There are recognised to be severe pressures on neurology services across the UK and while waiting to be seen, NICE and BASH (British Association for the Study of Headache) guidelines do support GP initiation of treatment. Unsurprisingly for an uncommon condition, GPs may lack experience or confidence in prescribing unlicensed medications or frequent licensed acute attack treatments that may be deemed inappropriately to be too costly (albeit recognised by NICE as “cost effective”).

This can lead to severe and potentially unnecessary levels of pain and suffering, Many specialists will consider cluster headache to represent the worst pain known to mankind. A majority of patients will have severe sleep deprivation and potentially very severe consequential mental health effects. 

Trustees of OUCH [UK] – (Organisation for the Understanding of Cluster Headache] – are urging their members to take posters to GP surgeries and pharmacies regarding prescribing for the condition Cluster Headache.  The charity runs a voluntarily staffed advice line and post-covid the majority of calls regard the long wait to see a headache neurologist for diagnosis and  treatment recommendations being sent to the GP.

There are three sources of information/documents that outline prescribing for the condition, and these assist GPs to at least treat the patient pending confirmed diagnosis from a neurologist.  

Number 1 

is the British National Formulary, known as the BNF, which is the medical

 profession’s prescribing bible.  The section on Cluster Headache details the drugs sumatriptan [[injections and nasal sprays] verapamil and prednisolone as well as high flow oxygen therapy, and of course referral to a headache neurologist.

Number 2 

is the NICE guidelines for prescribing and referral which outlines extremely clear diagnostic criteria and the same treatment suggestions which can be commenced in primary care.  The NICE guidelines also comment upon how specialist input and advice may be sought. This means that sufferers can be treated during the long wait to see the consultant neurologist/headache specialist.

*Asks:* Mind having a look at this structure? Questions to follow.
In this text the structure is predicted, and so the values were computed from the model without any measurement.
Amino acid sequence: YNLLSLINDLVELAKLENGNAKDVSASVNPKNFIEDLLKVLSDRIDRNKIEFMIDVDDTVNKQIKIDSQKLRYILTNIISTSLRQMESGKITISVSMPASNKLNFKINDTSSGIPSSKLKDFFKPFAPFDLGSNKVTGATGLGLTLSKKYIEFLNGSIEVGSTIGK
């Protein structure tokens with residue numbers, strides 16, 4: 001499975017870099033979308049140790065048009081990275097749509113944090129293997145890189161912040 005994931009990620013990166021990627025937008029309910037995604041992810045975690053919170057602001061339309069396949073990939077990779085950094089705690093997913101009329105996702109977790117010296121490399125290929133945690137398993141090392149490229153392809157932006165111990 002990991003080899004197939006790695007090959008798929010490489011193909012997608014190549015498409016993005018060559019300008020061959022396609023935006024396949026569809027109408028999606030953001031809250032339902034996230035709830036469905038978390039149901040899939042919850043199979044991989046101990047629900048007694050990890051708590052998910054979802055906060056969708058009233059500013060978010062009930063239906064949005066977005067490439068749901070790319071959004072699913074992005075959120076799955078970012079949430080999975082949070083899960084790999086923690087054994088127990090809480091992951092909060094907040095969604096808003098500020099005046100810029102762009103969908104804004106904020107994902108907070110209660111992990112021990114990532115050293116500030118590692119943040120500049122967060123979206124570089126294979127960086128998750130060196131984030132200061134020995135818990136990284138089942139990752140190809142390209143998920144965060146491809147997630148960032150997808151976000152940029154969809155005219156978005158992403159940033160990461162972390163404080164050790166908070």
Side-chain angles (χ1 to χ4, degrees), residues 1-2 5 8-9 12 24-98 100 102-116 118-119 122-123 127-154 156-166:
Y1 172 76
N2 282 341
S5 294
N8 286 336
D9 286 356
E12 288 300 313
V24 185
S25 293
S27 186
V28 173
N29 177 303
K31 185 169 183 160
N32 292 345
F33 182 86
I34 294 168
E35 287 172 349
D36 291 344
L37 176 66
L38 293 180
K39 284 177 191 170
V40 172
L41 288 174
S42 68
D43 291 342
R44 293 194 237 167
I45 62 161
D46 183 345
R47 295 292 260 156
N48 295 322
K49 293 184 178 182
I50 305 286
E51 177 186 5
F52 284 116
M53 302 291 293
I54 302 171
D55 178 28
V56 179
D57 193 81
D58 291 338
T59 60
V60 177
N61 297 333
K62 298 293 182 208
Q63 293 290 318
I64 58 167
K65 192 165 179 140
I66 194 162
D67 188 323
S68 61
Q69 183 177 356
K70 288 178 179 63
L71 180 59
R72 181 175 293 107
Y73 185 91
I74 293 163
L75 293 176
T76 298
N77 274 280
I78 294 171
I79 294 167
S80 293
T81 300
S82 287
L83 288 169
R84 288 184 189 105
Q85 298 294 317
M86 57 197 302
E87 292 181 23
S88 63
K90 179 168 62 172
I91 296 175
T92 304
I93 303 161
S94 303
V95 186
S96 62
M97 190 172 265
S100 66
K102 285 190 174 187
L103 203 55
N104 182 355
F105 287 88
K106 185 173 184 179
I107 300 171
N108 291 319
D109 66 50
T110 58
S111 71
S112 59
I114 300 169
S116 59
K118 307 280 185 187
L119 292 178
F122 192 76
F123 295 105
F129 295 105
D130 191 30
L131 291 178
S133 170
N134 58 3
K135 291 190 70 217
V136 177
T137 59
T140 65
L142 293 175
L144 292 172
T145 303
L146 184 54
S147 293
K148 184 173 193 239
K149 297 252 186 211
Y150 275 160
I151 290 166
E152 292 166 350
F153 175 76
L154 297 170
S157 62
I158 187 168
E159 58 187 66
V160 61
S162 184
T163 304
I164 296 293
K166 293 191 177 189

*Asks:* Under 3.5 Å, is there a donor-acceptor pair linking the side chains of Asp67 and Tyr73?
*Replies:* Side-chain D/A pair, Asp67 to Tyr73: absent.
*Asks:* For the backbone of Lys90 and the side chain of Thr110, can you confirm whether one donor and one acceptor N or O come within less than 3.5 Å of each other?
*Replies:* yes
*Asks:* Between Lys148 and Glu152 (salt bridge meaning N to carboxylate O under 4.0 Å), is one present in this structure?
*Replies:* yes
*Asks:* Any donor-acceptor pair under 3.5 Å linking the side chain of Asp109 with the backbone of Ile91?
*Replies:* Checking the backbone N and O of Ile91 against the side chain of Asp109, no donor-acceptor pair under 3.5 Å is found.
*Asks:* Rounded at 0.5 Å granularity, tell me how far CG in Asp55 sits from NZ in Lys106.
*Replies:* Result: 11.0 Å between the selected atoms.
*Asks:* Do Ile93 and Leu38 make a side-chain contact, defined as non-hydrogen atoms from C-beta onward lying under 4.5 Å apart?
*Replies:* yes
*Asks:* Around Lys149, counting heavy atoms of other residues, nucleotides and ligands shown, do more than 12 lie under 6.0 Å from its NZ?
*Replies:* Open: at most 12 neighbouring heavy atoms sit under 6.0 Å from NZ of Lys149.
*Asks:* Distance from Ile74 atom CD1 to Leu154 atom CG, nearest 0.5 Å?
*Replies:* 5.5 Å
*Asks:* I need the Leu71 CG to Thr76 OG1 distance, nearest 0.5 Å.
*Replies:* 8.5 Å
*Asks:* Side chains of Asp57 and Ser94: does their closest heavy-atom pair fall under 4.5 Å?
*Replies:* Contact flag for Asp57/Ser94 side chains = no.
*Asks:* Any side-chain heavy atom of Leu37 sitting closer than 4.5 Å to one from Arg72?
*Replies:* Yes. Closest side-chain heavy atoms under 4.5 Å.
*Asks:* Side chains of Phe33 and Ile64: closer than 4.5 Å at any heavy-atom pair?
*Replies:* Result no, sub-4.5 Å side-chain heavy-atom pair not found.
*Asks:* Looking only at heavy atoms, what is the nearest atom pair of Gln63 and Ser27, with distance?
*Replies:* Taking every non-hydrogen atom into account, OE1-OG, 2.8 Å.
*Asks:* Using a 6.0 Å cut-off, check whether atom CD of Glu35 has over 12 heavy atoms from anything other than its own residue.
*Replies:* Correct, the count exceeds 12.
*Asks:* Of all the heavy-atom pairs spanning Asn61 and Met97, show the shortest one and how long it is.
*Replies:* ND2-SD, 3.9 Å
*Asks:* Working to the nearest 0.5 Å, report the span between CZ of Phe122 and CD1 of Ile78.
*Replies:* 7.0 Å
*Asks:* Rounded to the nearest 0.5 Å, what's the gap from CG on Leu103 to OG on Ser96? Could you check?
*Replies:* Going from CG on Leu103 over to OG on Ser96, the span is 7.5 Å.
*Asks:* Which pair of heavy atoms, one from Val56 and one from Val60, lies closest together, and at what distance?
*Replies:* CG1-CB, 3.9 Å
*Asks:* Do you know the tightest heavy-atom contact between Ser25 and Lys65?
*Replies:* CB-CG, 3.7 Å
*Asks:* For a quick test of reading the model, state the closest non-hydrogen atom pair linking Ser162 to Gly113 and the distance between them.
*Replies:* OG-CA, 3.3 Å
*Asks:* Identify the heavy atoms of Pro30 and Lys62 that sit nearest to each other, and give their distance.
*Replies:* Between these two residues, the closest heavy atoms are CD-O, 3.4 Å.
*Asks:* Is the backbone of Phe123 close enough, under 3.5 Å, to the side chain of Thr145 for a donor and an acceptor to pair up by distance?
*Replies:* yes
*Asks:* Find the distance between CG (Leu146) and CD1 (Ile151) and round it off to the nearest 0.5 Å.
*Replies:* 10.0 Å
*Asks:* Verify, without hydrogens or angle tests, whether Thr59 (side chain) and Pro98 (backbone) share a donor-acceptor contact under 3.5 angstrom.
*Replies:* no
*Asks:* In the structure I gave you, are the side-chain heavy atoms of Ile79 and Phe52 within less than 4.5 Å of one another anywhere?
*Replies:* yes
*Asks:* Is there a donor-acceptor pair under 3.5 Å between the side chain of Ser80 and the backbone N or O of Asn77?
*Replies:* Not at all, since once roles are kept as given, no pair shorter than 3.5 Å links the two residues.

Number 3 

is the Home Oxygen Order Form which lists cluster headache as an indication for NHS primary care prescription of higher flow short burst oxygen. The completed form is submitted through an online portal and the oxygen is delivered within 24 to 48 hours.  

If these prescribing guidelines are followed, then the patient desperate for some relief from their pain can manage better in the wait to see a headache neurologist.  The difficulty is that without prescriptions from their GP,  sufferers have a long and exceedingly painful wait – eighteen months or more in some cases.  If the above prescribing guidelines are followed, then the patient waiting desperately for relief from their pain can manage better until they see a headache neurologist for a confirmed diagnosis and treatment recommendations.

Cluster headache pain strikes at any time and within a few minutes the sufferer can be crying and screaming with pain that can last untreated up to 3 hours or more, and can occur 1 to 6 times a day or more.  The nickname for the condition is ‘suicide headache’.  Sadly this is no idle nickname. The symptoms are acute pain on one side of the head; reddening and watering of the eye on the same side; blocked or runny nose; droopy eyelid; constricted pupil and extreme restlessness  The disease takes two forms.

Episodic  – attacks occur for a period of months of weeks and then go away for months at a time, but they will come back – cluster headache is at present a lifelong and incurable condition.

Chronic – attacks occur daily for over a year with painfree period of less than four weeks during that year.

Further information from www.ouchuk.orginfo@ouchuk.org, and our Advice Line 0800 669 6824.

Notes to Editors:

OUCH (UK) is a registered charity formed in June 2001

Has 4,000 from all over the world

Largest headache support charity in the world

Has a website and helpline

The charity is run on a voluntary basis and is funded by subscriptions and donations

Holds regular meetings at various venues throughout the UK.  The charities aims are:

  • provide support for sufferers of Cluster Headaches and their families
  • increase public awareness of the condition
  • work to improve understanding of the condition, its prevalence and its effects
  • liaise with the medical profession to improve diagnosis and treatment
  • provide information and access to Cluster Headache sufferers to those engaged in research into the causes, treatments and cure for the condition
  • produce its own database based on the experience of sufferers
  • maintain a website as a source of information and a contact area for those affected, and produce similar literature for those without internet access